After the debut season of Miami Vice, award voters showered the breakthrough drama with dozens of nominations. And the show racked up a number of wins. That included a Writer’s Guild of America Award for creator Anthony Yerkovich’s pilot and Golden Globes for both Don Johnson and Edward James Olmos.
But Primetime Emmy voters were the ones who really couldn’t get enough of Miami Vice. The show received 15 nominations for that season, which in 1985 represented a new record. And once the votes were tallied, Miami Vice won four Emmys (including one for Olmos, for Outstanding Supporting Actor in a Drama Series).
The nominations kept coming the following year, following Miami Vice’s highly rated second season. But the story of Miami Vice as an award contender basically ended there. For the show’s final three seasons, Emmy voters only gave the show one nomination.
‘Miami Vice’ only received 1 Emmy nomination for seasons 3-5
On top of Olmos’ win for his portrayal of Lt. Castillo, Miami Vice won Emmys for cinematography, art direction, and sound editing in season 1. The nominations that followed for season 2 included nods for film editing, sound mixing, Jan Hammer’s score, and another for Olmos’ performance.
At the Golden Globes, Miami Vice’s second season received two nominations: one for Johnson and the other for Best TV Series — Drama. But the show didn’t win either of those awards, and its nominees at the Emmys likewise went home emptyhanded.
That turned out to be the peak for the show as far as awards went. Following season 3, the show received zero Golden Globe nominations and as many Emmy nods. When a nomination for Outstanding Sound Mixing came after season 4 aired, that was the last Emmy nod Miami Vice got.
The show was similarly shut out at the Golden Globes. A 1989 nomination for Olmos marked the final time Miami Vice was in the running for a major award. (Olmos didn’t win.) Looking back, the awards closely matched the show’s popularity, as far as its ratings went.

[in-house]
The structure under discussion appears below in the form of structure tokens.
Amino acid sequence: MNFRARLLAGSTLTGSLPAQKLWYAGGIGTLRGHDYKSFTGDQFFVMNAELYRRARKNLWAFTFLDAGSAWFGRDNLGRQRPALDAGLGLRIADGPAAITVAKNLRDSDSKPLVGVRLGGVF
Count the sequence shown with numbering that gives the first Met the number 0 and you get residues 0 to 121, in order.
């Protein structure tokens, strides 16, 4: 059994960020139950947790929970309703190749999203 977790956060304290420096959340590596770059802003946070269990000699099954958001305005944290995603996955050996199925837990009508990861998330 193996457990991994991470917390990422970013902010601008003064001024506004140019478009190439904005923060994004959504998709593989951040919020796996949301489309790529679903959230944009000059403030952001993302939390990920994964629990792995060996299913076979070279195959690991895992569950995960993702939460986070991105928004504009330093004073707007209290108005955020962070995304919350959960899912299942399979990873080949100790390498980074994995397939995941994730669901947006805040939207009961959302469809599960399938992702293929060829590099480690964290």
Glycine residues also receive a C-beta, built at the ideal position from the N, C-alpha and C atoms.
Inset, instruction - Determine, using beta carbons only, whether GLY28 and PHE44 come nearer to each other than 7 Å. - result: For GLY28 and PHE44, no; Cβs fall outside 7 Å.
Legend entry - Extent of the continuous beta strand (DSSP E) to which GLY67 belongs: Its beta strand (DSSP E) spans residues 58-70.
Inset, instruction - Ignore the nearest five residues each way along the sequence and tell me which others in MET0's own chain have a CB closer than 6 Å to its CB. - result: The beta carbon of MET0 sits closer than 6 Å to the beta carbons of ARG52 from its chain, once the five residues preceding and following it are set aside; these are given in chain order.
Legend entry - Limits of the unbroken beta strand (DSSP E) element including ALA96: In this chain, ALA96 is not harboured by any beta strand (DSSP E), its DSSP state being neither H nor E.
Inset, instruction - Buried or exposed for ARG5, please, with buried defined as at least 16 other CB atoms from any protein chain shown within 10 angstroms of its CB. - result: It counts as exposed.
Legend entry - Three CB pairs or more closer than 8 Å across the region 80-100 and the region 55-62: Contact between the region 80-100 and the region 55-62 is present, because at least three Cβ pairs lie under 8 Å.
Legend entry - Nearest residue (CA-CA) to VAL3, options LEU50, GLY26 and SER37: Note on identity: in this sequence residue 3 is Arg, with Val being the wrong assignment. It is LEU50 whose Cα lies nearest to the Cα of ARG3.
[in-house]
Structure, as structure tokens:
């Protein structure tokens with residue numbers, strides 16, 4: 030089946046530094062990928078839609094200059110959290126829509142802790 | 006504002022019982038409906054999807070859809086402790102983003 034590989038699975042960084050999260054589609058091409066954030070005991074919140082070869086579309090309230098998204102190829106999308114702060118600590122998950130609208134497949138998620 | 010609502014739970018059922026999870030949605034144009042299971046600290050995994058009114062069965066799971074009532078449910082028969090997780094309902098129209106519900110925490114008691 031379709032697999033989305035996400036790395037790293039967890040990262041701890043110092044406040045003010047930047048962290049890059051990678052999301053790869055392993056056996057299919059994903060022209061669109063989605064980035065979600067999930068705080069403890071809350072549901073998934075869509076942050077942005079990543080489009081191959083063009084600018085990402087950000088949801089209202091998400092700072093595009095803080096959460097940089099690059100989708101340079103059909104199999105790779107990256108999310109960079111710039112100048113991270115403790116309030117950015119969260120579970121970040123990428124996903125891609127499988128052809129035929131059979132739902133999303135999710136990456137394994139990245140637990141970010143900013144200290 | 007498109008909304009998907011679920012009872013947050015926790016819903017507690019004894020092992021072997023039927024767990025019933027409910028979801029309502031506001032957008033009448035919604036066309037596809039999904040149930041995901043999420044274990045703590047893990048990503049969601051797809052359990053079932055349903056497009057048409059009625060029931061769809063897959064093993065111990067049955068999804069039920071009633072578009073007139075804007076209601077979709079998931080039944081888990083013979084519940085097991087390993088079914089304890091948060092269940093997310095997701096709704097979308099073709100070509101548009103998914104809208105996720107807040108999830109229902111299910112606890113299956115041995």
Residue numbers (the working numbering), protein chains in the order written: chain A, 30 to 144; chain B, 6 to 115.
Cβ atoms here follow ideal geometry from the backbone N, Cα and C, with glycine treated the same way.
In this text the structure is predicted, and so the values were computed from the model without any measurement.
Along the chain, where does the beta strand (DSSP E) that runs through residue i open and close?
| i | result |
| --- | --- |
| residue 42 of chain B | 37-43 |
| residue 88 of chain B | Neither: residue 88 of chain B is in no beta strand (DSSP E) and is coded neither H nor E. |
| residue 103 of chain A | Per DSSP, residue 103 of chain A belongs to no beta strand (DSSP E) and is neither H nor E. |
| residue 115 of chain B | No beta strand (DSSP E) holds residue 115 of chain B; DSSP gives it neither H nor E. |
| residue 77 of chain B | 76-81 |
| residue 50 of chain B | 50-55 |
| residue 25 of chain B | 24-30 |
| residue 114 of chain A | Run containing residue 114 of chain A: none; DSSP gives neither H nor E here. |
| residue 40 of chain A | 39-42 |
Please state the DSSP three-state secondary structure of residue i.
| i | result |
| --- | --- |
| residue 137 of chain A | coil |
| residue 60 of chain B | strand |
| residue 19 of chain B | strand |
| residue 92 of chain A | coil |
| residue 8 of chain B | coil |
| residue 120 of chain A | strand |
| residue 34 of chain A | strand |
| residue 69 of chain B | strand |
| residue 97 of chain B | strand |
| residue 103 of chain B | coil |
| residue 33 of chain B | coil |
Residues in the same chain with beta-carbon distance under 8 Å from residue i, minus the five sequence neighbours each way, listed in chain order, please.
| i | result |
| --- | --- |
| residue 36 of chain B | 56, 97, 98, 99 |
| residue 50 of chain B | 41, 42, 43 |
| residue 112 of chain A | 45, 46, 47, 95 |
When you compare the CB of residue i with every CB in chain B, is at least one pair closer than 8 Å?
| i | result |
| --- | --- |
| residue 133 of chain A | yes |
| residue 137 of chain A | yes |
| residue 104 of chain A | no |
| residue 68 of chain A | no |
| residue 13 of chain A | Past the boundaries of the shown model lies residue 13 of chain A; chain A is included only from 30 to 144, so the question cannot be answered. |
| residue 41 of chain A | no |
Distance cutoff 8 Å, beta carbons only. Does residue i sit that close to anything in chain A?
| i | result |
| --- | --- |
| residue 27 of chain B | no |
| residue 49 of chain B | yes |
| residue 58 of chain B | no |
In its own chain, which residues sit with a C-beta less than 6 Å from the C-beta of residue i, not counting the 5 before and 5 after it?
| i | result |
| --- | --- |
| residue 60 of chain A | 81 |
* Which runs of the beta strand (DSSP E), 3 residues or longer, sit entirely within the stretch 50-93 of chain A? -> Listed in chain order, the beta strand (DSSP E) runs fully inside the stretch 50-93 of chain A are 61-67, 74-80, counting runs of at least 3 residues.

‘Miami Vice’ ratings fell off as season 3 progressed
Looking back on Miami Vice’s five-season run, Dick Wolf thought that the show might very well have been canceled prior to its season 2 takeoff. Wolf, who served as the showrunner for seasons 3-4 (prior to creating Law & Order), felt that way that because of how slowly Vice started.
The show didn’t make much noise in the ratings until reruns began after season 1. In the summer of ’85, Miami Vice built its momentum and became a force to be reckoned with in season 2 (’85-’86). Yet the peak didn’t last long. By the middle of season 3, the ratings began to slip.
They continued to decline into season 4, at which point the writing was on the wall for Miami Vice. (NBC canceled it in season 5.) Did the change in time — from its original 10 p.m. slot to 9 p.m. — put a few of the final nails in the show’s coffin? We’ll never know for sure. But it clearly didn’t help.
Source: Read Full Article